Sonja Sohn's 'Baltimore Rising' on HBO drills down on life after Freddie Gray

HBO's "Baltimore Rising" opens on a brilliant note. The documentary directed by Sonja Sohn, of "The Wire," instantly establishes itself visually with a slow scan of the boarded-up row houses that have become the dominant media image of this city. But that is just the platform for a very deep dive.

HBO's "Baltimore Rising" opens on a brilliant note.

The documentary directed by Sonja Sohn, of "The Wire," instantly establishes itself visually with an overhead camera shot scanning down and across a row of the boarded-up, crumbling, abandoned row houses that have sadly become the dominant image of this city. The wail of a police siren, one of the media’s favorite audio cues for Baltimore, is heard in the distance.


But just as you start to fear Sohn is going to take the easy way out in image and sound to talk about the city in this 90-minute documentary, the strong voice of someone off camera is heard.

“I walked down the street with a reporter from a national network who looked around at all of these boarded-up properties and said to me, ‘Councilman, that riot really tore up this community, didn’t it?’ ”


On the word “councilman,” the screen shows the face of the speaker, Baltimore City Councilman Carl Stokes.

“And I said,” the veteran city leader continued, “‘Look again. Look at the boards on those homes. Do they look like they were tacked up there yesterday? No, they’ve been there 20 years, maybe longer. … The riot didn’t tear up the community. The condition of the community caused the uprising that we had.’ ”

And immediately, Sohn cuts to video from April 27, 2015, on the streets around Mondawmin Mall as protesters took on and, in some confrontations, routed the Baltimore city police with rocks, bottles and bricks. It was the start of one of the worst nights of looting, arson and property damage in the city’s history.

In just 41 seconds of screen time, Sohn sends two very important signals to viewers: First, that her film will go beyond national media perceptions of the city. And second, that the problems of Baltimore are deep, profound and decades in the making. They are older than the rotting wood and the crumbling mortar on those row houses. Don’t come looking for glib, easy, pop-up-after-the-uprising-cable-TV-report answers here.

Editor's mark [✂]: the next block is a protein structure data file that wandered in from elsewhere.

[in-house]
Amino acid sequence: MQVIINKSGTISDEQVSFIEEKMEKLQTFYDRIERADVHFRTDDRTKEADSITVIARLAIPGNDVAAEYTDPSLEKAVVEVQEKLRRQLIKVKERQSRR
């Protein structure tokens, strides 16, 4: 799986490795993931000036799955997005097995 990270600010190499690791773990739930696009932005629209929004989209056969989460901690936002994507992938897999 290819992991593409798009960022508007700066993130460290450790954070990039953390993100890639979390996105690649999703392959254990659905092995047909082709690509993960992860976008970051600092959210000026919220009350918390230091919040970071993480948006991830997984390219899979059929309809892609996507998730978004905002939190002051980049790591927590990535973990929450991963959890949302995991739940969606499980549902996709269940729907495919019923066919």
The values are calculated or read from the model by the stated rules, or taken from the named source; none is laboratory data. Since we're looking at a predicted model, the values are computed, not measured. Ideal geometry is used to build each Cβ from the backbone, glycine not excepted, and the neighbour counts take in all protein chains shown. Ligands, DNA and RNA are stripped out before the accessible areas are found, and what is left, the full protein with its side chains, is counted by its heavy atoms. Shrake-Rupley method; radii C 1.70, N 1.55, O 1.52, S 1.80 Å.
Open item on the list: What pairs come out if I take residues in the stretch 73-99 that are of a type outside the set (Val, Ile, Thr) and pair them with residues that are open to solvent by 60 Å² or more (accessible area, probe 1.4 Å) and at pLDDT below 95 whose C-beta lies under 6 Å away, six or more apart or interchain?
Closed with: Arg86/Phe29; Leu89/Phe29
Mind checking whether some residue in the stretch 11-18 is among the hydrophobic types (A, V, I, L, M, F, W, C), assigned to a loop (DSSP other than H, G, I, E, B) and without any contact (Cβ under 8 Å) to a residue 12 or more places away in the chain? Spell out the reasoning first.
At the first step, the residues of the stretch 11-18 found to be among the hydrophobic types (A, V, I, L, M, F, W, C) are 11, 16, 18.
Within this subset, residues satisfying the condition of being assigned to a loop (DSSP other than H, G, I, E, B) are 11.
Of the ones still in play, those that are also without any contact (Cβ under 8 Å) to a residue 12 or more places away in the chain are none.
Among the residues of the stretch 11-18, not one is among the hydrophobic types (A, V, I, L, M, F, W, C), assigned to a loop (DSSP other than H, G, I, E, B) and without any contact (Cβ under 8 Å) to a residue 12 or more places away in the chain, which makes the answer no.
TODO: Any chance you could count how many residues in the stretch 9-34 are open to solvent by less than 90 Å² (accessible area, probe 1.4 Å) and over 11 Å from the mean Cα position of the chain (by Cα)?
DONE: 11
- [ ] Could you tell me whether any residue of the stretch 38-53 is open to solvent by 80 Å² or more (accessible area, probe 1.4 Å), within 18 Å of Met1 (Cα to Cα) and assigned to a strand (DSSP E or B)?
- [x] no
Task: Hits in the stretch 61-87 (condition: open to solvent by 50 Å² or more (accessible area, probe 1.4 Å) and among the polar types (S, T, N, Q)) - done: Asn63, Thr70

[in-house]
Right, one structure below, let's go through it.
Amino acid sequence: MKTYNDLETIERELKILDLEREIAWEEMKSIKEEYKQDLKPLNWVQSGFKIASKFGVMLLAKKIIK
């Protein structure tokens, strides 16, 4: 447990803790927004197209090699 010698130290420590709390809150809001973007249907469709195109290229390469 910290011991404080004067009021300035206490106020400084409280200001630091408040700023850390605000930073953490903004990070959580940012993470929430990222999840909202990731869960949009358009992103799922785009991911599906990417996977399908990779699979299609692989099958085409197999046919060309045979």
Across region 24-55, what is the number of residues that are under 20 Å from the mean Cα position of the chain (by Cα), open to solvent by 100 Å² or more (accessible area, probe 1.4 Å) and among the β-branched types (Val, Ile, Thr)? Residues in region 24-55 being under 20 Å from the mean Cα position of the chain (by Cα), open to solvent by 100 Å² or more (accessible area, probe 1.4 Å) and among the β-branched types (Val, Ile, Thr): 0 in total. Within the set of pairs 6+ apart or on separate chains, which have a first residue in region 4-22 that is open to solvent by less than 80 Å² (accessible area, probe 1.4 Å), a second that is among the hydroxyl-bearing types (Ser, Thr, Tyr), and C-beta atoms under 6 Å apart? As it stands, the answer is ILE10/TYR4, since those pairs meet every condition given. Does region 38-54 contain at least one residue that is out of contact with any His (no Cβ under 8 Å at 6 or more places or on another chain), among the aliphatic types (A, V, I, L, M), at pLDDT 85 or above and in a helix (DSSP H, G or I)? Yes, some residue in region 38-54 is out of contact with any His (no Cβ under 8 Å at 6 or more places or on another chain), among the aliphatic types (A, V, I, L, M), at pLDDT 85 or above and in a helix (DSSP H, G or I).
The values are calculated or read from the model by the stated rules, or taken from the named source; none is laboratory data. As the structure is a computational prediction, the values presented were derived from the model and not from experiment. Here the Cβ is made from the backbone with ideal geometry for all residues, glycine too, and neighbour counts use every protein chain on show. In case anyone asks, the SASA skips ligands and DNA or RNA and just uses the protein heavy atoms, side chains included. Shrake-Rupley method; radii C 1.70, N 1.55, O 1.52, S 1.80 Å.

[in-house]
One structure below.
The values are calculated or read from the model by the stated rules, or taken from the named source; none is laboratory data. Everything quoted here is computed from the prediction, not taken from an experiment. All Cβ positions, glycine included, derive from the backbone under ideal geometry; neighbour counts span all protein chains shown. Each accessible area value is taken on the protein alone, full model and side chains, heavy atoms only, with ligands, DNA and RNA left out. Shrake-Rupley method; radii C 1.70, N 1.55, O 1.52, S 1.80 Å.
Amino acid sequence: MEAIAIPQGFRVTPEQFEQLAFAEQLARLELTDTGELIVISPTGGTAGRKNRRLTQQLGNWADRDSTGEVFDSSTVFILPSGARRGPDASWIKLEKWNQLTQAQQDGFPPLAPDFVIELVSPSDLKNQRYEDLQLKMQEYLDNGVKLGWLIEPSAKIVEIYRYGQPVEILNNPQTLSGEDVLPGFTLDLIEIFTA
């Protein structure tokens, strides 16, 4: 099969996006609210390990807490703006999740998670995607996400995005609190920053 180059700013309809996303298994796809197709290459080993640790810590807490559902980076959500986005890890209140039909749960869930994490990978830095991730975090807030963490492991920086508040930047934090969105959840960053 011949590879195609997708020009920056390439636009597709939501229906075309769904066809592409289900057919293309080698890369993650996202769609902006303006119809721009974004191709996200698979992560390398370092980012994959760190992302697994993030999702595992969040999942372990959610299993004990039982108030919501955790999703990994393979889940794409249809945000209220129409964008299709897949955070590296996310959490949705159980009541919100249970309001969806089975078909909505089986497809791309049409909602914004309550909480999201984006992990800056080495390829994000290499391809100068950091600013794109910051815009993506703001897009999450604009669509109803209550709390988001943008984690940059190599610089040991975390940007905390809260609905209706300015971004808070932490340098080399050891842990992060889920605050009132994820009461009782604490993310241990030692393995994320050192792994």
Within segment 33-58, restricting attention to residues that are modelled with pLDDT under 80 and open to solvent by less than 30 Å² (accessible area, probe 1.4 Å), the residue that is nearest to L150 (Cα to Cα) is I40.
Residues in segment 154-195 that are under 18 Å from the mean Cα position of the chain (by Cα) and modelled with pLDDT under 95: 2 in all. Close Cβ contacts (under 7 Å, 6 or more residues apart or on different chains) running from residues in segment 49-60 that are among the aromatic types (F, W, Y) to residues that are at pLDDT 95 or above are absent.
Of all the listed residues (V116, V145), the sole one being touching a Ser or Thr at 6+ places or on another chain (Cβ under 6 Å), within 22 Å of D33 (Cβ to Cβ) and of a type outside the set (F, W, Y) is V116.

That kind of finely honed opening, introducing and previewing what’s to come in the full production like an overture in a Broadway musical, is documentary filmmaking at its best. Sohn doesn’t always hit the high notes with such clarity through the rest of the film, and I have some problems with the one of the major story lines. But of all the special reports and documentaries done on Baltimore since the uprising, this is the head of the class.

One of the reasons for that is her exploration of civic leadership. Sohn looks at several young activists who might have what it takes to lead Baltimore to a brighter future. Among them are: Makayla Gilliam-Price, who founded the City Bloc youth justice organization while still in high school; Kwame Rose, who gained national attention when he told Fox News and its reporter Geraldo Rivera to get out of Baltimore in the wake of the uprising; Dayvon Love, director of public policy for the Leaders of a Beautiful Struggle think tank, and Adam Jackson*, CEO of the Leaders of a Beautiful Struggle.

She tracks Gilliam-Price and Rose through much of the documentary in what feels like a search for what they might have learned from the death of Gray and the uprising that followed. Their narratives offer a hard-eyed look at how difficult a road it is from grassroots activism to civic leadership in Baltimore. Fo one thing, there are lots of obstacles but little institutional support.

“You’re homeless,” Danyelle Rosebrough, Rose’s mother, tells him during a family meal at Teavolve restaurant in Harbor East.

A film crew for the upcoming HBO documentary “Baltimore Rising” are in Baltimore shooting promotional footage in advance of the film’s November premiere.

“I am not,” Rose replies.

“You’re broke,” Van Rosebrough, Rose’s father, says.

“Yes, you have no money,” his mother adds.

“Give me loan,” Rose fires back.

“No, the goal is to make the bird fly,” his mother says.

“I’m looking for someone to love me,” Rose says.

“We love you, but you can’t stay in my basement,” his mother counters.